I think you're right that your class might be more diverse than most, for the reasons noted, and I think a study of classes like yours would be helpful in determining actual correlation, because of that greater numerical diversity.  And I accept your statements regarding class rank not corresponding precisely to LSAT.  However, as noted, one of the top 5 was in fact someone with a very high LSAT.  Secondly, we don't know how many 170's (or 160's) were actually in the class. Finally, in a PT program, there's probably also a great deal of diversity in terms of how much time people are willing to study. Many people may just be getting the JD to advance in their current job, and therefore won't worry much about grades. 

I'll also note that most students are not attending PT programs, and are basically "fresh out of undergrad", and will therefore have that mentality.

Ultimately, I think the LSAT is an imperfect measure of LS aptitude.  I do think LR, AR, and RC are important components in LS success, but I believe there are other components that matter as well, with determination and diligence key among them.  There are also people with strong LR,AR, and RC skills who just freeze up on standardized tests for whatever reason.  And while I think those skills can also be important for lawyers, there are even more skills that matter in practice, making the LSAT even less predictive in that area.  (Although biglaw associate work is mostly backroom research and writing that doesn't usually require much schmoozing skill -- it's more like LS than operating your own practice is.)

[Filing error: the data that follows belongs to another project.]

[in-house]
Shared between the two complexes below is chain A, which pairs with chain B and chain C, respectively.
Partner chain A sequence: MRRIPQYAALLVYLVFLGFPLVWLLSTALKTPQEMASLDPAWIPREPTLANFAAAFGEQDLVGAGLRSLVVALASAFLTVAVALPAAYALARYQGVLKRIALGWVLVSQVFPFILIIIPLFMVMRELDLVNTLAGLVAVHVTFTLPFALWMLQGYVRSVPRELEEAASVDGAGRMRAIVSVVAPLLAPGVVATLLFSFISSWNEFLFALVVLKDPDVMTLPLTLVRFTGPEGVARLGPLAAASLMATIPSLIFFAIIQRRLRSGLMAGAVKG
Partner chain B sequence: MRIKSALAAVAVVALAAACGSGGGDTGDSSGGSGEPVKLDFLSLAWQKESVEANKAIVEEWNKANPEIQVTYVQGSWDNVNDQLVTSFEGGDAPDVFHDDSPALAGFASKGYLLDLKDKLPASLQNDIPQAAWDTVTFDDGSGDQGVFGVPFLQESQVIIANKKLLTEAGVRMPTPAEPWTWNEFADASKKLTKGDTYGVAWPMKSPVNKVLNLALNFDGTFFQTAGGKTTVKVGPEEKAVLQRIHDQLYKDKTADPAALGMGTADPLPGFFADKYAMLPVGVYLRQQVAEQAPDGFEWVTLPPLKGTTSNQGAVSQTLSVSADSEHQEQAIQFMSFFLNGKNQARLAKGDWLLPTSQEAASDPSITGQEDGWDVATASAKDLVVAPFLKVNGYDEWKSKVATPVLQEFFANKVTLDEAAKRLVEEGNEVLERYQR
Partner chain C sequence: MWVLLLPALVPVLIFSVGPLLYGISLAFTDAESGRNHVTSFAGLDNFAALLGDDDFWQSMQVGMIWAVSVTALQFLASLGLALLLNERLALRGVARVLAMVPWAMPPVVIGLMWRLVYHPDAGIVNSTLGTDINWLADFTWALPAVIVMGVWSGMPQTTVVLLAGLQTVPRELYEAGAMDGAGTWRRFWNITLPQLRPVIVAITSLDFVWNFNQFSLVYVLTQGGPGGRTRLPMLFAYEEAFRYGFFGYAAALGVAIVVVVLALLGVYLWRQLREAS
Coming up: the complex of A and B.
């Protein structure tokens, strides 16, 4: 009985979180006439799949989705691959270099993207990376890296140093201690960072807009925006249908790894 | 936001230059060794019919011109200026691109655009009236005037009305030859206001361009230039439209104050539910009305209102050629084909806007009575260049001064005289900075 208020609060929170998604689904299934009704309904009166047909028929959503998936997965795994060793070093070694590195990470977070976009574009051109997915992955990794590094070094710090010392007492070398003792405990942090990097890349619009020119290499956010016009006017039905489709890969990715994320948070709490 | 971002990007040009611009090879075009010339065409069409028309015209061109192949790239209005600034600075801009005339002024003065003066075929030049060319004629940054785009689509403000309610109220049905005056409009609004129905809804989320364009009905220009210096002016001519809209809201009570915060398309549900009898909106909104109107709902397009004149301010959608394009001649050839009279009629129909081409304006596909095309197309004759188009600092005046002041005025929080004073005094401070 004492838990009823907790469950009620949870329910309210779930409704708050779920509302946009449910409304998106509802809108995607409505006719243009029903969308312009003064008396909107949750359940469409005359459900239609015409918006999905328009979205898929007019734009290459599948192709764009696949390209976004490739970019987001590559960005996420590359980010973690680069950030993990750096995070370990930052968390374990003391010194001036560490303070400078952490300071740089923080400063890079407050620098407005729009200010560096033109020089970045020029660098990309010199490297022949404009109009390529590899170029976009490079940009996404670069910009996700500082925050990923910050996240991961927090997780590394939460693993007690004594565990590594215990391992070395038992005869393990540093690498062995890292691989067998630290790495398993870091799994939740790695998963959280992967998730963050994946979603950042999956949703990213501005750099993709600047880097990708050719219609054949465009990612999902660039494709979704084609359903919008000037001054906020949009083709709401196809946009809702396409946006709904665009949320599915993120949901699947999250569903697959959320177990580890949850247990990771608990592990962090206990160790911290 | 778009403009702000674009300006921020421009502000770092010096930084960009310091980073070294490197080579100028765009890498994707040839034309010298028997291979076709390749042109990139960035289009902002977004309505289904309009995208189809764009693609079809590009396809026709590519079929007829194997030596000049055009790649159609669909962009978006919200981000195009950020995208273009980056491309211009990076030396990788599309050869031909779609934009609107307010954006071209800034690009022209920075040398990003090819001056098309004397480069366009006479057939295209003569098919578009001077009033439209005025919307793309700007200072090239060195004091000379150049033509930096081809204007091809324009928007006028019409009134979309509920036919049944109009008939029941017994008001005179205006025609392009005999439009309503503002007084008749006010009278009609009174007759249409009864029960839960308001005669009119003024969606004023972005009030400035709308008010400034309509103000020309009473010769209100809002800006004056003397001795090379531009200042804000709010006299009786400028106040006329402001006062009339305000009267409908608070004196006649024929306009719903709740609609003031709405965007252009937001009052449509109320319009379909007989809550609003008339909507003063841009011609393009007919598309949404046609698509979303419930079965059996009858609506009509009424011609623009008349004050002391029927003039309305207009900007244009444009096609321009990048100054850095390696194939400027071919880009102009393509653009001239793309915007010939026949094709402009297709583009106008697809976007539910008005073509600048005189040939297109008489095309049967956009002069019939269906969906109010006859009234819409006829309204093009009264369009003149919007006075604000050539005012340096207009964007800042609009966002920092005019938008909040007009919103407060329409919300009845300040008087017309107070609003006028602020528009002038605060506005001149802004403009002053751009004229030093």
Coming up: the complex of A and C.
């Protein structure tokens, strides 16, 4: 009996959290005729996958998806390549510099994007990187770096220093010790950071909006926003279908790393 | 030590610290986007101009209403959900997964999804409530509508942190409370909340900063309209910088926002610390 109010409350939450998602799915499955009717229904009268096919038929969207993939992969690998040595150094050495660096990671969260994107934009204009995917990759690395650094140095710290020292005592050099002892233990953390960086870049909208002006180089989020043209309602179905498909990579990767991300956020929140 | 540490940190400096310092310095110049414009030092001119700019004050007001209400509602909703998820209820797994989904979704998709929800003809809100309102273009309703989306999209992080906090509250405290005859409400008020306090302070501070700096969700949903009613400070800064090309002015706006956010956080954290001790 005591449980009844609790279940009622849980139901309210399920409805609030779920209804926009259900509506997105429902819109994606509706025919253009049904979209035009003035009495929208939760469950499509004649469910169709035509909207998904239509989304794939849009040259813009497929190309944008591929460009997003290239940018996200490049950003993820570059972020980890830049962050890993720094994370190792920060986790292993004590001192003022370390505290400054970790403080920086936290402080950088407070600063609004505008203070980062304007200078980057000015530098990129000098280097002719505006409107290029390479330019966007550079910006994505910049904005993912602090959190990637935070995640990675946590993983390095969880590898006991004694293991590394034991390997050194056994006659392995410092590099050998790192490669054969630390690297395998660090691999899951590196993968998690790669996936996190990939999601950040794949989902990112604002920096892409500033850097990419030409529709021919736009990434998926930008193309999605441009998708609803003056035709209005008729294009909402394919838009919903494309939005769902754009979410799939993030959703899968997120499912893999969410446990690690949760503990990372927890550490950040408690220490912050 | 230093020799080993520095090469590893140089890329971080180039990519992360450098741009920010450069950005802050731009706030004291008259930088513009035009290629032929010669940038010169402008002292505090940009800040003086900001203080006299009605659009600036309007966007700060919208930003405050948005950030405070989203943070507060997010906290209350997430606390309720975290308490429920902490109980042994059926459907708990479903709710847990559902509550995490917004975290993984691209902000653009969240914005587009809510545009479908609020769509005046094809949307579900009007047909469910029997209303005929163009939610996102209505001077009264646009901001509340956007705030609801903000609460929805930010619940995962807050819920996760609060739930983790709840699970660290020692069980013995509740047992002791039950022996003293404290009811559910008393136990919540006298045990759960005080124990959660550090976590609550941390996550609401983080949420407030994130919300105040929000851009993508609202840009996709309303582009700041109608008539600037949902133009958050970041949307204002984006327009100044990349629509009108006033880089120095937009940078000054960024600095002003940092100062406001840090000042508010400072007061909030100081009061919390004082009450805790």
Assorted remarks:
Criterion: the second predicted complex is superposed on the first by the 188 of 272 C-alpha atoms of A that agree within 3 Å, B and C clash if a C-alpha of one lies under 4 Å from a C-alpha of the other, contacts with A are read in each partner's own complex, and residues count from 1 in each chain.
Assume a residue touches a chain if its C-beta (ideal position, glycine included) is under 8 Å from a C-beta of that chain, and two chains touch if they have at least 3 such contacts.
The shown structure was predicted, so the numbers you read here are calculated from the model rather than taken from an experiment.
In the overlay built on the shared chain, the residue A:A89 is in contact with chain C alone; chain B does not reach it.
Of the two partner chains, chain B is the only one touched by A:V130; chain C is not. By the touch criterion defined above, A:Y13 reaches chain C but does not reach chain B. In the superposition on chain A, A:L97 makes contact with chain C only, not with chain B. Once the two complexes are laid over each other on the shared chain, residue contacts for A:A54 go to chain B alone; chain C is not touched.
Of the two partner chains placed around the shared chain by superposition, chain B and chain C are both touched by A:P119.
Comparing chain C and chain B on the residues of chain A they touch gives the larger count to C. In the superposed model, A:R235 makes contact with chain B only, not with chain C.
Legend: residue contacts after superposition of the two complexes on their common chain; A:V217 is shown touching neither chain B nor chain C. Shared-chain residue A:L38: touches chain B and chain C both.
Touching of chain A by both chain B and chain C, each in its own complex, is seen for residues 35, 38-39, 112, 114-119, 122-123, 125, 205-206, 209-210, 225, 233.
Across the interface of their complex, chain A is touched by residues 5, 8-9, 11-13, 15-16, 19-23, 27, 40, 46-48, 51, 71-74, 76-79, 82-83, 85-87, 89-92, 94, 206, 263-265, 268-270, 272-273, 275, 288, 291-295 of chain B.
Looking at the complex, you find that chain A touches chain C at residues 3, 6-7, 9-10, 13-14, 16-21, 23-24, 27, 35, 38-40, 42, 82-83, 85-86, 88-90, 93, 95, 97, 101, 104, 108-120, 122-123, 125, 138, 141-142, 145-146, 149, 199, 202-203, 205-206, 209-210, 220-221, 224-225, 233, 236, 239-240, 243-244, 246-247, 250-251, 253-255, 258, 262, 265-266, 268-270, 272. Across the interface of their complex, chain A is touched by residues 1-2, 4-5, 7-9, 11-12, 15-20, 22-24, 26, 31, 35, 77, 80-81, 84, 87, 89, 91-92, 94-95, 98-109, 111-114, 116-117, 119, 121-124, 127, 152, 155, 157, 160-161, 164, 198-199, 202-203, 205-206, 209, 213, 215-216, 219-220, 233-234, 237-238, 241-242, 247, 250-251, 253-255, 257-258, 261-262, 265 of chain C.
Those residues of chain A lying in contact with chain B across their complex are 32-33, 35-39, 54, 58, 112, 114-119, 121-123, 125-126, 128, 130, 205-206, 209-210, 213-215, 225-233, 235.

Again, my point is simply that a class filled with stellar LSAT's and GPA's is generally going to be pretty solid, at least outside the bottom 10%, and that achieving a stellar LSAT is very difficult for most students, regardless of prep.  People with more modest numbers can still excel academically and professionally, which is why big firms still hire the top students from lower-ranked schools.

Both Matthies and Lindbergh both seem to have some valid points. I believe that Matthies is entirely correct in asserting that the original intent of the writers of the LSAT was for it to be taken cold to be a true measure of aptitude. Lindbergh's point that a 180 is a 180 regardless of how much prep was invested to earn the score is also sound. If the US Olympic Basketball Team has nothing but NBA Allstars and gets destroyed by Lithuania because their team works better together as a unit and spent more several months prepping for the tournament, is it any less of a win? No.